A Deserved Death

“You’re a witch!” my coworker joked, leaning away from me and forming her fingers into a cross.

“Why?” I asked.

“You curse people!” she laughed.

I don’t curse people, of this I am sure, but something with uncanny timing happened this past Monday. Not until I was working through the news I had just been given did I realize how the moments lined up.

Monday, I was having lunch with a prospective employer, at an Italian restaurant she and her husband have recently purchased. Conversation floated between things having to do with the possible job position and personal chatting. As often happens with me, the death of my daughter came up while talking about who I am and my everyday life. The woman I was meeting with shared a story about the loss of her cousin and her cousin’s husband. Both killed in a crash.

She then said that she believes everything happens for a reason. Maybe, she continued, we don’t learn the reason until we’ve passed on.

I’ve explained, in past writings, how this belief doesn’t sit well with me. I’ve not found a reason that is adequate for me to accept that Becca had to be killed. But, this isn’t what this blog is about. This is about something completely different.

While we were talking about loss, and the belief that things happen for a reason, I said my relationship with deity/divine/universe was complicated. In explanation I said the words: Why did my beautiful daughter have to die yet my pedophile uncle is still alive?

Lunch finished, we said goodbye, and I was home by 2:30 Monday afternoon.

At 3:46 PM, my phone binged with the sound that indicates a message has been sent to me. I looked at it and the simple message, sent to me by my cousin, read:

“I’m only mentioning this in the chance it gives you peace. Teddy is dead.”

My initial thought was “it’s about damn time.” Then “good, he can’t hurt anyone else.”

I asked my cousin how he had died. Part of me hoped his passing wasn’t peaceful. When she told me he’d died of cancer “throughout” I felt satisfied. She also added the time at which he died, 1 PM that afternoon.

As I lay in bed, pondering how I felt about my abuser’s death, it dawned on me . . . he had died at nearly the precise time I had been talking about him and the questions I had surrounding his still being alive. I can not know if the two moments were lined up perfectly in space but I do know they had to be very close. Hence, the reason my coworker made the comment about me cursing people. I had commented right back to her: if only!! But, I am not sure the power to hex a person with death would be worth having. I wouldn’t want to have that ability.

But, Teddy’s dying brought up many other thoughts in the process of digesting his death. I feel cheated out of peering into his eyes, which look too similar to my own, and telling him that what he did to me over a seven year period, did not break me. He almost did. I nearly ended my life by hanging myself when I was just nine or ten. I was too short to get the rope over the rafter in our garage, thankfully. I survived. It affected so much of what I am and what I’ve done, yes, but I wanted him to see who I am now, in spite of his cruelty. Not only did I survive, I thrived.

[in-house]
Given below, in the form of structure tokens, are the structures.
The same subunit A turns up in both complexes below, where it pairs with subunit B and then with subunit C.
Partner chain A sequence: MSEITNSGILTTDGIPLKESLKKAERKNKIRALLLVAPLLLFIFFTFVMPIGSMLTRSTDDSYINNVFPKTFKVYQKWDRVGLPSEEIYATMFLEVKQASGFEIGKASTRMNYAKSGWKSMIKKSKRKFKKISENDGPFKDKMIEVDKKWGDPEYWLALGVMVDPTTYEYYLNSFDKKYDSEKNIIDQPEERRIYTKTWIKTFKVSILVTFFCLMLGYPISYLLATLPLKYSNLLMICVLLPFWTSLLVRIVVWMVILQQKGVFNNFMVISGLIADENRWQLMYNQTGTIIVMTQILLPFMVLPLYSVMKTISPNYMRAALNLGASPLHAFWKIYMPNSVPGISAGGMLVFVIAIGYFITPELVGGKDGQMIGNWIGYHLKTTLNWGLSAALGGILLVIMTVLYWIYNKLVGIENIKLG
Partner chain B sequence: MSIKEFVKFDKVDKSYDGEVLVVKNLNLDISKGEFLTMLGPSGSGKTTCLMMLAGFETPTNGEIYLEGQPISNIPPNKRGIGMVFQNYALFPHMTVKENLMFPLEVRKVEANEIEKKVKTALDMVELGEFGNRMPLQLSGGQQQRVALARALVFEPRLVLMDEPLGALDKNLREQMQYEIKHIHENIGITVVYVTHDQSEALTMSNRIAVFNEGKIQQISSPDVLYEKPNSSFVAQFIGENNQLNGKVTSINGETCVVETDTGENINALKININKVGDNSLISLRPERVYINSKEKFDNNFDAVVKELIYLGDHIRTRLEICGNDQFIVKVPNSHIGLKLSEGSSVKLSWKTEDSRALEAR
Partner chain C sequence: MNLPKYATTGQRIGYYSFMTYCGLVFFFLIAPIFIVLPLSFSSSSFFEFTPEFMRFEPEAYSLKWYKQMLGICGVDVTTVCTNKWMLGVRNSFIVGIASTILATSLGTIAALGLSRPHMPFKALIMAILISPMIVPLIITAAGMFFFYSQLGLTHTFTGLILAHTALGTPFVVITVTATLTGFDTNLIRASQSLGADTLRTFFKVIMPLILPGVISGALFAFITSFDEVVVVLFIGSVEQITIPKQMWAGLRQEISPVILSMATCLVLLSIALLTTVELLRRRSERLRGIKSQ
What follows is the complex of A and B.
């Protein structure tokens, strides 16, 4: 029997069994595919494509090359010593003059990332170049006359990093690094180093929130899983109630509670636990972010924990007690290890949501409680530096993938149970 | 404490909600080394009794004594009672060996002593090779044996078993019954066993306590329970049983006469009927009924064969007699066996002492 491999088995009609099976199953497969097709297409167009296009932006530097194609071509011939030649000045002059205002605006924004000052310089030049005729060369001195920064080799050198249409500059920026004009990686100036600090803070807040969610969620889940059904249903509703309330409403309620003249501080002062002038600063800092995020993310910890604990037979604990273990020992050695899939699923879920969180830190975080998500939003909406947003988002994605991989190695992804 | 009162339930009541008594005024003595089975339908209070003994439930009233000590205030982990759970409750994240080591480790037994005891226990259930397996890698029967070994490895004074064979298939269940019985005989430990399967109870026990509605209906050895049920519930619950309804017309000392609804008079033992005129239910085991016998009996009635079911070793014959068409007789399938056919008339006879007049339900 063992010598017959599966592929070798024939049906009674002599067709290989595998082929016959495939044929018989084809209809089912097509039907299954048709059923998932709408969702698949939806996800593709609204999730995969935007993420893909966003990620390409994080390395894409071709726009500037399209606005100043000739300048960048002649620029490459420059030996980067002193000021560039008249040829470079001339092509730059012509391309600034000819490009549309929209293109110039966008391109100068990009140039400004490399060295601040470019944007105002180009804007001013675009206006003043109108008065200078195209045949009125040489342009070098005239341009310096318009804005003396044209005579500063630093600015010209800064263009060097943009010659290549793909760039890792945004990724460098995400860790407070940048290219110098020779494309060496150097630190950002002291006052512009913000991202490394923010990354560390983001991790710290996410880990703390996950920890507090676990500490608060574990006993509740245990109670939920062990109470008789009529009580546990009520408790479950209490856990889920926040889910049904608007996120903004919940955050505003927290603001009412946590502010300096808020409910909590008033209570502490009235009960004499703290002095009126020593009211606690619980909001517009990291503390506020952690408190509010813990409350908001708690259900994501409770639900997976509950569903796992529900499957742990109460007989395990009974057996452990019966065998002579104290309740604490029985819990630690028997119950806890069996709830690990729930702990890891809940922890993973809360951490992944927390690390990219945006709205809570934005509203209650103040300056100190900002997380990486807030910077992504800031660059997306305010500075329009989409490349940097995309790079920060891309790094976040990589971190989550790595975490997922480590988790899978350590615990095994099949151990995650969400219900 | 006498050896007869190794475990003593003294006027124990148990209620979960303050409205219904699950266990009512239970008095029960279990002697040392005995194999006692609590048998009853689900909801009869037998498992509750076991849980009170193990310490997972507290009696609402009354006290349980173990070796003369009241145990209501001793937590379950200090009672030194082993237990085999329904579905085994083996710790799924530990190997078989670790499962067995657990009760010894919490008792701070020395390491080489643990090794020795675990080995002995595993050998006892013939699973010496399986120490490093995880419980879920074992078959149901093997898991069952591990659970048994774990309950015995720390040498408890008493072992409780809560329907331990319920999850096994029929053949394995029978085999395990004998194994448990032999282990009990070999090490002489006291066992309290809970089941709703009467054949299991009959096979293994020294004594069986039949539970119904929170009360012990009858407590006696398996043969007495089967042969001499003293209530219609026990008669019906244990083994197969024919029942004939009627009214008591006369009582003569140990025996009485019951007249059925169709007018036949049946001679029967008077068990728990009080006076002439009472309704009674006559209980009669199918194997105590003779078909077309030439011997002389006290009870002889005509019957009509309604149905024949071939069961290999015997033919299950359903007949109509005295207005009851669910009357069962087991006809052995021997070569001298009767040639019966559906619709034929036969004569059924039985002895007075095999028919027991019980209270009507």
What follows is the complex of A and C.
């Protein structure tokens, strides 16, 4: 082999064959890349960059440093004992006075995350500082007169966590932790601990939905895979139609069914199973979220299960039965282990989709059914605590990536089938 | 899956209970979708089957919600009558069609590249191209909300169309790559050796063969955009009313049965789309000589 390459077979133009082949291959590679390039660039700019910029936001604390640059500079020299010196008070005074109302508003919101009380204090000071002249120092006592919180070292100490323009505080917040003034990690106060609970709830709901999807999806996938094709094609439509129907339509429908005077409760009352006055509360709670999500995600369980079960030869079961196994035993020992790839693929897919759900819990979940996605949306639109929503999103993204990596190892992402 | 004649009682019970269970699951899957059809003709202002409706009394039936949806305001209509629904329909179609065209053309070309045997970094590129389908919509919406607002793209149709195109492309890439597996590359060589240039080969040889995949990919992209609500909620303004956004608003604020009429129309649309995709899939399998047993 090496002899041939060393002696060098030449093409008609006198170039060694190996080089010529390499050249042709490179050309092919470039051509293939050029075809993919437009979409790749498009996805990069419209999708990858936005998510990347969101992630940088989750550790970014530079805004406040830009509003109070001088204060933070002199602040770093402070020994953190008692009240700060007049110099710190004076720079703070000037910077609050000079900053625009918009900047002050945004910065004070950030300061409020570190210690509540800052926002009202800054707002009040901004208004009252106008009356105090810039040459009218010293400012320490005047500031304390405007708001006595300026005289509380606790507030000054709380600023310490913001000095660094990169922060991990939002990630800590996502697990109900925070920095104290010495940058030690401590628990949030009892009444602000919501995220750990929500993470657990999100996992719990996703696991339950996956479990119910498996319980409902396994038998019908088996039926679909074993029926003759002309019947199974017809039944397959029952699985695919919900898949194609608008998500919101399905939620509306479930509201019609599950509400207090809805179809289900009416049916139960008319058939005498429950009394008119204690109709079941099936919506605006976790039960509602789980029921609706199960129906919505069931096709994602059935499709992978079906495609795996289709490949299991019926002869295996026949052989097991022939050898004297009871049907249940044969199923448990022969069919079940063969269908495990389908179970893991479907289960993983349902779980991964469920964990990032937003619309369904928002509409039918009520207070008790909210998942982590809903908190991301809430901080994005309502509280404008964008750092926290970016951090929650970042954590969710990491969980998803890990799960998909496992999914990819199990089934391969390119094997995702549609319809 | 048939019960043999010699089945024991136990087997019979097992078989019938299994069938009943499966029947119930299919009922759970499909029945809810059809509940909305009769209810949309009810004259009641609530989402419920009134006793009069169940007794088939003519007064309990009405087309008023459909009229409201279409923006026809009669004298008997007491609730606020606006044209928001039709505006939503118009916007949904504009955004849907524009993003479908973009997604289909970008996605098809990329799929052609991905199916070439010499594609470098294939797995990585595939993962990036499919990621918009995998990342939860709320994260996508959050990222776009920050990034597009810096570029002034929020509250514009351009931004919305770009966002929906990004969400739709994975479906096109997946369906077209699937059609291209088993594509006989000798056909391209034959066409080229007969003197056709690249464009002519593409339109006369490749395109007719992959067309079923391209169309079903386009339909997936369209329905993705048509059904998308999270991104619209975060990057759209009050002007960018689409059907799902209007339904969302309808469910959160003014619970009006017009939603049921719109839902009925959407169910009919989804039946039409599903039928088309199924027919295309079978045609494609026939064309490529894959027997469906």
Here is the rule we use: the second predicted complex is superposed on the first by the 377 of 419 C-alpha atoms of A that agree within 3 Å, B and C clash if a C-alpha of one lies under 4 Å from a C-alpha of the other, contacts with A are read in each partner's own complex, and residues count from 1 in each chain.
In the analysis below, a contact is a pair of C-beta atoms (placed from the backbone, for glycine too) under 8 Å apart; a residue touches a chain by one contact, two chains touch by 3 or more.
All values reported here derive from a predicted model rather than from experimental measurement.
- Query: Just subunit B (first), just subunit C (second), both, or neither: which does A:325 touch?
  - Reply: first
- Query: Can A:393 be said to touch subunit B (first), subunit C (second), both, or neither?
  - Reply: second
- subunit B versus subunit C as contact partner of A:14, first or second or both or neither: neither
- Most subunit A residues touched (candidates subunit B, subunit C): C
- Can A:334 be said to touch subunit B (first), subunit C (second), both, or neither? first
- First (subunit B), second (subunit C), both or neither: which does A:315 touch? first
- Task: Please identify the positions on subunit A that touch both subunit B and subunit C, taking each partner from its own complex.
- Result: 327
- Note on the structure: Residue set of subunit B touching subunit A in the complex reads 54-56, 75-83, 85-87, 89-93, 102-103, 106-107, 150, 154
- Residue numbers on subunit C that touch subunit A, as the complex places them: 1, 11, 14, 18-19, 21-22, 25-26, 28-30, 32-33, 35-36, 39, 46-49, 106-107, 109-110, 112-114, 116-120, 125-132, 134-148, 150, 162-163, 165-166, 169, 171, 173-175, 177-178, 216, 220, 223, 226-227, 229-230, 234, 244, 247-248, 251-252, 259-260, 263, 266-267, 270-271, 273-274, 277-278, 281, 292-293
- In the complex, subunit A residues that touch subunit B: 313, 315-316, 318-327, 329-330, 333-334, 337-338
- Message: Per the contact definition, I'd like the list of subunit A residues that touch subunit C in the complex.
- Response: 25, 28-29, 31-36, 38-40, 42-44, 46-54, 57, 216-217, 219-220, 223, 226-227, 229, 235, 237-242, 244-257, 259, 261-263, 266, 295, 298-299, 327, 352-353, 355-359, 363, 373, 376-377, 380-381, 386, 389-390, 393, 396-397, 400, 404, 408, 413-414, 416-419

His death also made me think about who gets into heaven.

A dear friend of mine, a mother who has known me since grade school and also lost a daughter, was the first to comment on the post I shared on Facebook calling the world a safer place in his dying. She said: Karma luv ❤ I hope it was painful. In another comment she said: You can be sure he’s not anywhere near Becca. A second commenter said: I hope his suffering never ends in hell. Both of these comments have stirred up what I believe about the afterlife.

My mother, who’s brother was Teddy, has said she doesn’t believe there is anything after we die. We merely cease to exist. After Becca was killed, she said she welcomed death, not because she would see her granddaughter again, but because her pain would be over. She would no longer think about Becca.

I can not believe there is nothing when we die. I think a commonality of belief among bereaved mothers is that our child still exists . . . somewhere (depending on what belief system they follow). Maybe having the belief that our child’s soul continues on is a necessity for us. I know it is for me. Otherwise, how could I continue to move forward?

Most religions have a concept of a hell. For some Christians, hell is a place in which souls are made to suffer for the acts they committed while on earth. I don’t think I share this belief. Instead, hell seems to be here, on earth. But, let’s say there is a punishing place after death. Is Teddy there? Will he suffer for eternity? Or, did he make it to heaven? To where I believe Becca to be. Is deity all forgiving? Are we all forgiving when we reach the next destination? Will Becca face my uncle, in my stead, and slap his face? Or will she hug him in total forgiveness? I don’t know. I won’t know until I’ve passed.

I do know this: the pedophile uncle that molested me for seven long years, who changed who I was supposed to be at a soul level, who handed me years of self hatred and shame and guilt when he slipped into my bed on the night’s he babysat us, is no longer drawing breath from the same air I breathe. And, I’m okay with that and wherever he ended up.

I feel lighter. Burdens that were not mine to carry fell away upon hearing the news of his passing. In the coming days, years even, I will struggle with and try to understand what all of this means.

Today, I am content he is gone.

Author: Diane Neas

I'm a mother, artist, and writer. A decade ago I lost my daughter. I find writing, and painting, heal me. Sharing my story of loss and healing lightens what I carry. And, hopefully, my words help another along the way.

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